If we write this instead, Clara taught Jess how to play football, we cannot use a reflexive pronoun as the personal pronoun and the object pronoun are not the same and do not reflect the same person.
- With the preposition by to indicate being alone
This second use emphasises when a person is alone for a brief or long period.
I’m going to see June. She is all by herself in the bakery.
Last year he was by himself as he was on a mission.
- With the word by to indicate doing an action without assistance or guidance
We also use the preposition by for this use. We use this structure when someone does something, usually with success, alone.
Erin managed the staff all by herself
Ranbir wrote the song himself.
Please note that for extra emphasis on being alone or doing something alone with reflexive pronouns, we add the word all before by.
An example is: The children did it all by themselves.
This just puts more emphasis on the reflexive pronoun.
The verbs clean, dress and wash are used a lot with this use, particularly when it is not usual for the subject to do these things.
Inez dressed herself today. I am so happy she did it. Afterall, she’s only three!
After spending 2 months in a leg cast after breaking his leg, Adam was relieved to be able to wash himself properly.
- To emphasise the subject
This is the last use. Sometimes in English, we use the reflexive pronoun at the end of a sentence to intensify what the subject has done or who the object is.
This is sometimes known in English as an intensive pronoun rather than a reflexive pronoun but it has the same form. You can spot the difference between intensive pronouns and reflexive pronouns as often intensive pronouns are not needed for the sentence to make sense, whereas reflexive pronouns are.
Let’s take a look at these sentences.
I received a like on Twitter from Elon Musk himself.
She spoke to The Queen herself.
The reflexive pronouns are not needed for these sentences to make sense. We can eliminate the reflexive pronouns altogether as per these examples.
I received a like on Twitter from Elon Musk.
She spoke to The Queen.
Both of these make sense. The intensive pronoun however is just used for emphasis.
Take 5: Can you think of more examples?
Now that this has been clarified, let’s take a look at common errors to avoid.
Common errors to avoid when using reflexive pronouns
Here are some common errors to watch out for.
- Do not use the verb relax with any reflexive pronoun
The verb relax is intransitive. As we know from before, reflexive pronouns are used mostly with transitive verbs.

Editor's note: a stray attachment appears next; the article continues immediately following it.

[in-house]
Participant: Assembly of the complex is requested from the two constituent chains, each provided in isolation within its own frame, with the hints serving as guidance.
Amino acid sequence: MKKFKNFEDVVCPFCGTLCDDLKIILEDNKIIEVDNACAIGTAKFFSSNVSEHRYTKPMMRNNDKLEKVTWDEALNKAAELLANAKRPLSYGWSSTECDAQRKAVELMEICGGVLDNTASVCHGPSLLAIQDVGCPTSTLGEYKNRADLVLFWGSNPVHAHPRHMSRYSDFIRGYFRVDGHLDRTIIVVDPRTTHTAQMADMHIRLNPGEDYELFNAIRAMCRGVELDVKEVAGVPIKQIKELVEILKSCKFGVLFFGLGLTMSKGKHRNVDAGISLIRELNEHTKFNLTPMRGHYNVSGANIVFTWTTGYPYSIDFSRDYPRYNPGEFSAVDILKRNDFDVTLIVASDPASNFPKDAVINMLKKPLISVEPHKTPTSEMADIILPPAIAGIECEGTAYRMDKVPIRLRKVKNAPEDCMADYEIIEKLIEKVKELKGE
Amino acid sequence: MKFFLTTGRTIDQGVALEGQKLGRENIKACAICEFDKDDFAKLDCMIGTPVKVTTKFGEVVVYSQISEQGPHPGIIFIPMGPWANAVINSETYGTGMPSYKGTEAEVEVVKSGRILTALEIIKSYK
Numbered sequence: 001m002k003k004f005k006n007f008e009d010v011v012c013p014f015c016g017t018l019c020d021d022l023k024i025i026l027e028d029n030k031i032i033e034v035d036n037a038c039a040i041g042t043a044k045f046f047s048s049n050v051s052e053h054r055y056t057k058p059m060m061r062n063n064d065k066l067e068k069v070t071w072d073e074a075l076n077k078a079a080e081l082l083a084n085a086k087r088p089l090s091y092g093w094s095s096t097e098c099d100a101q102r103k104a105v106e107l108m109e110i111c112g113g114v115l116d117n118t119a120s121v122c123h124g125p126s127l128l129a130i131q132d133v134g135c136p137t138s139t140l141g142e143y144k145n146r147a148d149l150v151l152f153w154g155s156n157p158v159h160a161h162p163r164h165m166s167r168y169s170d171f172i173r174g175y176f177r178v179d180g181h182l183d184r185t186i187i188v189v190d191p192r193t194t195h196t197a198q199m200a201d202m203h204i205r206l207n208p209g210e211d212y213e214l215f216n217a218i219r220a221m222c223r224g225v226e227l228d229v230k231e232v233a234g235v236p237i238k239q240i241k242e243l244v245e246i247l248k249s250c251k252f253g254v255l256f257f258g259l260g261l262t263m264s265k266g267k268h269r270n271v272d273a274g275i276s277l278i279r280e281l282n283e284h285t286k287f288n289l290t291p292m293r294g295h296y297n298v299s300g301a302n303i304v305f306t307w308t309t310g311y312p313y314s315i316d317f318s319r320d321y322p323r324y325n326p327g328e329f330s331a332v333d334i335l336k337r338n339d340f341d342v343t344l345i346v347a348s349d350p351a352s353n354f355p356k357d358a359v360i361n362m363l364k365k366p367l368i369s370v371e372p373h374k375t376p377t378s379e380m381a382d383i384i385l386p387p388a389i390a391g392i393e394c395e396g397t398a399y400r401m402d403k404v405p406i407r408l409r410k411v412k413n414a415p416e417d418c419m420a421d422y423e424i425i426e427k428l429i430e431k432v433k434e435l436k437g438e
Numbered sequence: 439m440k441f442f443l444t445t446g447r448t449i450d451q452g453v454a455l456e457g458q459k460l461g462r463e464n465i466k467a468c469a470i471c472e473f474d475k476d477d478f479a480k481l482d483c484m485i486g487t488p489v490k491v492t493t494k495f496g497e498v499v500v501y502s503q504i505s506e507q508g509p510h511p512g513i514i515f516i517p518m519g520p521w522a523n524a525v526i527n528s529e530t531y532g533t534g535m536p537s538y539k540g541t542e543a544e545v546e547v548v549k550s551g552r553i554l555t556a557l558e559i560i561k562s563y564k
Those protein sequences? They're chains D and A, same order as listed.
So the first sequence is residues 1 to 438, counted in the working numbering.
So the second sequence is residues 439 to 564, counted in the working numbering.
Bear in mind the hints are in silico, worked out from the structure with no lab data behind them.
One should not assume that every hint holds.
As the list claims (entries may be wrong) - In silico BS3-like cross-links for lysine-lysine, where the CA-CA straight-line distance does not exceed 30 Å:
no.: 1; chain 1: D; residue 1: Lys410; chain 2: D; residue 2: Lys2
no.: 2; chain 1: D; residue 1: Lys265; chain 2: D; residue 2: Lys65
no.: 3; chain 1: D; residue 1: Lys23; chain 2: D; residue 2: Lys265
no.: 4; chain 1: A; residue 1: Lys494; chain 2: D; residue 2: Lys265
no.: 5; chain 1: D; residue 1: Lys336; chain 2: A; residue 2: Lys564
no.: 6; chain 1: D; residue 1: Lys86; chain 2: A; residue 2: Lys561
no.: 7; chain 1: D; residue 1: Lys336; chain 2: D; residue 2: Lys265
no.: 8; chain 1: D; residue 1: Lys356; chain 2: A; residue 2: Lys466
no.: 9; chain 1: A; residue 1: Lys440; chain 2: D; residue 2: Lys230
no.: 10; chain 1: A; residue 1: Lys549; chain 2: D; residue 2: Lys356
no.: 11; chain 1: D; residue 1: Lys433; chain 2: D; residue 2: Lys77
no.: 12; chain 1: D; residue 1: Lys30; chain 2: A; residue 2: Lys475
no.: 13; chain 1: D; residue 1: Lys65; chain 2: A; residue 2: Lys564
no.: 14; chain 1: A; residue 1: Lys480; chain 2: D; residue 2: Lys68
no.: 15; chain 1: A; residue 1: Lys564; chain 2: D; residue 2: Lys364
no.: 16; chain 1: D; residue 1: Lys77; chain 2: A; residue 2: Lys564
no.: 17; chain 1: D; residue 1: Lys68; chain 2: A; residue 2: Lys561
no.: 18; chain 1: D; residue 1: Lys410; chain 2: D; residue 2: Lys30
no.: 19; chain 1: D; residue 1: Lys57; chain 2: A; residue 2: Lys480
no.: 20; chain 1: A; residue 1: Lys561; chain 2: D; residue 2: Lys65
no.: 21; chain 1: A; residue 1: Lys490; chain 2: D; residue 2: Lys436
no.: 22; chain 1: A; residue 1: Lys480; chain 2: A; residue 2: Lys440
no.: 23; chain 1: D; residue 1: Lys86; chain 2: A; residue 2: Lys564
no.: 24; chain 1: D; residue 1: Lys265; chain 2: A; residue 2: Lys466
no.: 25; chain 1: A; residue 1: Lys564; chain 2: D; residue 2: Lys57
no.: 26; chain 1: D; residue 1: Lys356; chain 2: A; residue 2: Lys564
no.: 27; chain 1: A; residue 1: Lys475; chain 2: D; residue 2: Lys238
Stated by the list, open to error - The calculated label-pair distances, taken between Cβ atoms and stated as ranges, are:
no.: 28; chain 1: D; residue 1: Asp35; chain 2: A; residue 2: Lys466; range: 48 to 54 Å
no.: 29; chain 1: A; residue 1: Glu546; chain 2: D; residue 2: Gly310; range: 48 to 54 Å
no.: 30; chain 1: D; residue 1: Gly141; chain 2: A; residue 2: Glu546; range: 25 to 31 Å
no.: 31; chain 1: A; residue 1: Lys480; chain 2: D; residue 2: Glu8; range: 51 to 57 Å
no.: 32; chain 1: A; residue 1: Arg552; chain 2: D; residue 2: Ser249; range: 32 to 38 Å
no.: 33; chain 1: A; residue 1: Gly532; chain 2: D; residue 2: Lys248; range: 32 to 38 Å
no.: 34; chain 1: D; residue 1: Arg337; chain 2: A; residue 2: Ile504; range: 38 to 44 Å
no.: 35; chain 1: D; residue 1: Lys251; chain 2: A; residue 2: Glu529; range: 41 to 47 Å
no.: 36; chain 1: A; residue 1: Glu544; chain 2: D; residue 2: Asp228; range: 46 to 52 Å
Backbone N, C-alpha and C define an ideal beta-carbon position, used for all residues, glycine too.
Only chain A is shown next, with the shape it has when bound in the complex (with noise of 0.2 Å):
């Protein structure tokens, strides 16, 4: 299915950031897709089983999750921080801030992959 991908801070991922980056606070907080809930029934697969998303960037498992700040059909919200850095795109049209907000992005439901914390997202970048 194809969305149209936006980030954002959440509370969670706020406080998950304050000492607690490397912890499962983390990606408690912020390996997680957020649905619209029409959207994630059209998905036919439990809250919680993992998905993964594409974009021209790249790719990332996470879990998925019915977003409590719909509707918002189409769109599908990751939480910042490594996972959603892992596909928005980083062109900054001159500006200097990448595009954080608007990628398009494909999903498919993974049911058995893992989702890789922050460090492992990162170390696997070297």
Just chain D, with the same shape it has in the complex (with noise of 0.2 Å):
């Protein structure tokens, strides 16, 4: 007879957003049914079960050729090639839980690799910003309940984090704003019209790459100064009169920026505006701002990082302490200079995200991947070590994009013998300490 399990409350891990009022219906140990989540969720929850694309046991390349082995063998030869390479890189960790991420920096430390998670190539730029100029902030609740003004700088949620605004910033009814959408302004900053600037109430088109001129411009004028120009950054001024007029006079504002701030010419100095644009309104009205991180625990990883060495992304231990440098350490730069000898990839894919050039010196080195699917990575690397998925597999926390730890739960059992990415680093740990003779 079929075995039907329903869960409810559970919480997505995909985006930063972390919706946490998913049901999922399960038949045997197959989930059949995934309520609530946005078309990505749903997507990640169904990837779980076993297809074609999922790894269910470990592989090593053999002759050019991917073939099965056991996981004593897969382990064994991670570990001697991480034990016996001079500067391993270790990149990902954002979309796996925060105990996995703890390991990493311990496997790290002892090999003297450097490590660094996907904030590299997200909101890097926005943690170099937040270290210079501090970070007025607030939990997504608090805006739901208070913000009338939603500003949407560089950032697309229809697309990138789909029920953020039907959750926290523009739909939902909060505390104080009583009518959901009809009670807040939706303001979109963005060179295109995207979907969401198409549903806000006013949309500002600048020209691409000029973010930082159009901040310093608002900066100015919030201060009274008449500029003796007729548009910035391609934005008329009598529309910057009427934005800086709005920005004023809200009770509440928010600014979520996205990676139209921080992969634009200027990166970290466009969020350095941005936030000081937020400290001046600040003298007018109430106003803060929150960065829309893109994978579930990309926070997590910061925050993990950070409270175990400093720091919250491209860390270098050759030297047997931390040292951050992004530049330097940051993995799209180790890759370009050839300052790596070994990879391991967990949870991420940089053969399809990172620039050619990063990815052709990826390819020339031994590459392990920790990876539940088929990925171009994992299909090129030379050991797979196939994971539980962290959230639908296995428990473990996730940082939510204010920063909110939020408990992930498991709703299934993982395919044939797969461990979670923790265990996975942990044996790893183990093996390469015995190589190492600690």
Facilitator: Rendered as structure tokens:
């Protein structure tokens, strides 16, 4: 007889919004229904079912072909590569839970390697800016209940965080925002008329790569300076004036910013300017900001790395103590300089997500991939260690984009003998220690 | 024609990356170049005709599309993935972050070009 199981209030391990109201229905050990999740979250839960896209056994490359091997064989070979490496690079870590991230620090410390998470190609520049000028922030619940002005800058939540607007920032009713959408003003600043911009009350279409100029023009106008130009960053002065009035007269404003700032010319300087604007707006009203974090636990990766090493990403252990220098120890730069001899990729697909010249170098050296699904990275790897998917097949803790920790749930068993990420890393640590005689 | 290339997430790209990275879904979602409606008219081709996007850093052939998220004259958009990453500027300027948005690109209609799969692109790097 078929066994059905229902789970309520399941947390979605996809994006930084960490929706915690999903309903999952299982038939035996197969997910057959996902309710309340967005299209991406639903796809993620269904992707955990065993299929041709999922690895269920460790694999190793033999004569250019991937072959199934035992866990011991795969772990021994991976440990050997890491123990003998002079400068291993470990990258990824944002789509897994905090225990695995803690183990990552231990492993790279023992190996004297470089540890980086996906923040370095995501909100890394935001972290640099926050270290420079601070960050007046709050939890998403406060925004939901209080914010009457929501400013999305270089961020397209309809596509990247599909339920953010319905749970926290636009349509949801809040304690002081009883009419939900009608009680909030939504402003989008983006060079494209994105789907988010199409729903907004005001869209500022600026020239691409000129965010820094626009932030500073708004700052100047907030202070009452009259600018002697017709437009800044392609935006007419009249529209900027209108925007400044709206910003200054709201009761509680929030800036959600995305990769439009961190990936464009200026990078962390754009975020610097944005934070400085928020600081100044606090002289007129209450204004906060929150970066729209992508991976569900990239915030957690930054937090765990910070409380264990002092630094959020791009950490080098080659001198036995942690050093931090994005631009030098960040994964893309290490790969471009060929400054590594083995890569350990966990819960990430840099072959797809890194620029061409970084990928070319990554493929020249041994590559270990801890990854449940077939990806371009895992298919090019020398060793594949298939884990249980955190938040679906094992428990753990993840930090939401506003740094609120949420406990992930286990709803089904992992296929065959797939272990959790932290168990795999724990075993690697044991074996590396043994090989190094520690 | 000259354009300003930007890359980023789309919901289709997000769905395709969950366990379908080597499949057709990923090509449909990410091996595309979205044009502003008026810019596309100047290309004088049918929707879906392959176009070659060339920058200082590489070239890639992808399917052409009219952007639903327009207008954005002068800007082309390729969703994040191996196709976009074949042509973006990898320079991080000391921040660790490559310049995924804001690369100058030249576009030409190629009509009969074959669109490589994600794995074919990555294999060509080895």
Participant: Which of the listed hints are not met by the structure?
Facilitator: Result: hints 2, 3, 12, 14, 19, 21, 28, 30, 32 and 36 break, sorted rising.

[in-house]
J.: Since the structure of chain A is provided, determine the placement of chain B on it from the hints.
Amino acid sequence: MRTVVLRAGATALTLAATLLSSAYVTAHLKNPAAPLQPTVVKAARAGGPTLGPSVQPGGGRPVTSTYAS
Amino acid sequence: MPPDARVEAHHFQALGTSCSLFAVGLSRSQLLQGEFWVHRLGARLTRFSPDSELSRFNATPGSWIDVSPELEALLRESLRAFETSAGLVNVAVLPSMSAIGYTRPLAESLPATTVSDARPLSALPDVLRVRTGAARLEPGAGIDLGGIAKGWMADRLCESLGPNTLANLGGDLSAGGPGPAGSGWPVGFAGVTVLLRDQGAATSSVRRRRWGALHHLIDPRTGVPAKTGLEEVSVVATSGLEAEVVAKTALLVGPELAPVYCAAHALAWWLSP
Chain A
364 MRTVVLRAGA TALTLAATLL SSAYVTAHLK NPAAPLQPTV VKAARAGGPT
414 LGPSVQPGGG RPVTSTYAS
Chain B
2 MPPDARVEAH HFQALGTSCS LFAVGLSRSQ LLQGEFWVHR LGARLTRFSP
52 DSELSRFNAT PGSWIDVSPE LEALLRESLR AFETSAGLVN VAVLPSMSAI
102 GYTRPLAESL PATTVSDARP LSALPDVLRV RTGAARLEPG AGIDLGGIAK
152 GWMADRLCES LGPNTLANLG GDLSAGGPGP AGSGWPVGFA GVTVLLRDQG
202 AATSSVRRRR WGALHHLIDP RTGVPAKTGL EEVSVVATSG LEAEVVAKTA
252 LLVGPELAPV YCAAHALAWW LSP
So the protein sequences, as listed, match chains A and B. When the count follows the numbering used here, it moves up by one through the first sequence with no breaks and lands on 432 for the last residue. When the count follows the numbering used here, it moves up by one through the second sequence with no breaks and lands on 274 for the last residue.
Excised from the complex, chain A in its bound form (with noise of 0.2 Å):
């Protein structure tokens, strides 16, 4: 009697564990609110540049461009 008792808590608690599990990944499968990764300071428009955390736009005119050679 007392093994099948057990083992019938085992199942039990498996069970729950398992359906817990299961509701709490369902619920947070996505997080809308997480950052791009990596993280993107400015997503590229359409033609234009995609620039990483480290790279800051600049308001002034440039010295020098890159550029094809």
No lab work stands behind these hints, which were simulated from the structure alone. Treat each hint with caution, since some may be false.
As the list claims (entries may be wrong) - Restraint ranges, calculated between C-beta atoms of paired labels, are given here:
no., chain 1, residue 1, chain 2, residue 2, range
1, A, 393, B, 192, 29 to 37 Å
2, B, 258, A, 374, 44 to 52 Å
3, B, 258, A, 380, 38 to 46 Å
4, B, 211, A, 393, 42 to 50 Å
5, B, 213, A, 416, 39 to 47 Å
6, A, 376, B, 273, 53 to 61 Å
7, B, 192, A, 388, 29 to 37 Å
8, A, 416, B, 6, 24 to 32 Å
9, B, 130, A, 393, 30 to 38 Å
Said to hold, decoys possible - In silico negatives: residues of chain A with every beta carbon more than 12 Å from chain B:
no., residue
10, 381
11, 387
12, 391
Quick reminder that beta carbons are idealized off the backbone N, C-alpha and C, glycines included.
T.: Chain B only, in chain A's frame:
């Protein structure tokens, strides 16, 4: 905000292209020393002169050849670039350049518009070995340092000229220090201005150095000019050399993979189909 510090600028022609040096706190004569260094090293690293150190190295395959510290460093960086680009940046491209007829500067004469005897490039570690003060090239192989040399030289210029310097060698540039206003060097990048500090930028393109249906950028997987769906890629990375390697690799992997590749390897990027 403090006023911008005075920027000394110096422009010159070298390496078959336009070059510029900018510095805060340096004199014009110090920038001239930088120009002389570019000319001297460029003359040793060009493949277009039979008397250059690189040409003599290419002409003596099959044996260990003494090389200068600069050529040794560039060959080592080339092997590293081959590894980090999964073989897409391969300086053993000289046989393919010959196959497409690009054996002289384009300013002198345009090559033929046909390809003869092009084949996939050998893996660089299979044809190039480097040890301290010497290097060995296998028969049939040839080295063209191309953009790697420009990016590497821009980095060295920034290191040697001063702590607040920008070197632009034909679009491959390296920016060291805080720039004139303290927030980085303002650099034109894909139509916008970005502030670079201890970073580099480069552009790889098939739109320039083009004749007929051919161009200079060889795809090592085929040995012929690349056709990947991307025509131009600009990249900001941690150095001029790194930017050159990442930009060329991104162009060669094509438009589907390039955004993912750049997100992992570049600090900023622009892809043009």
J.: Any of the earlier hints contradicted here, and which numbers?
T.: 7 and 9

Sentences such as I relaxed myself at the weekend should therefore simply be I relaxed at the weekend.
- Confusing yourself and yourselves
A really common mistake is confusing yourself and yourselves. They are not the same words and do not have the same meaning. Just remember, yourself is for one person and yourselves is for two or more people.
Did you do it yourself? (singular you)
Did you do it yourselves? (plural you)
Please remember this as it is incorrect otherwise
- Using the reflexive pronoun in place of an object pronoun
Only use a reflexive pronoun if the subject and direct object refer to the same noun.
A person like him might be good for our cricket team
A person like himself might be good for our cricket team
A person and himself do not refer to the same noun. The first sentence is correct of these two.
- Using a reflexive pronoun where reciprocal pronouns are needed
We tend not to use reflexive pronouns in place of reciprocal pronouns such as each other or one another. Reciprocal pronouns are used when the actions between two or more people are reciprocated.
Take these sentences.
Sabrina and Jurie didn’t like each other – this means that Sabrina did not like Jurie and Jurie did not like Sabrina.
Sabrina and Jurie did not like themselves – this means that Sabrina did not like Sabrina and Jurie did not like Jurie.
Can you see the difference? Let’s try another example.
Matteo and Penelope got one another birthday presents – Matteo got Penelope a birthday present and vice versa.
Matteo and Penelope got themselves birthday presents – Matteo got himself a birthday present and Penelope got herself one.
Take 5: re-read these common mistakes and take note.
Is that everything?
If you want to know more about reflexive pronouns, watch this video on speech in English grammar.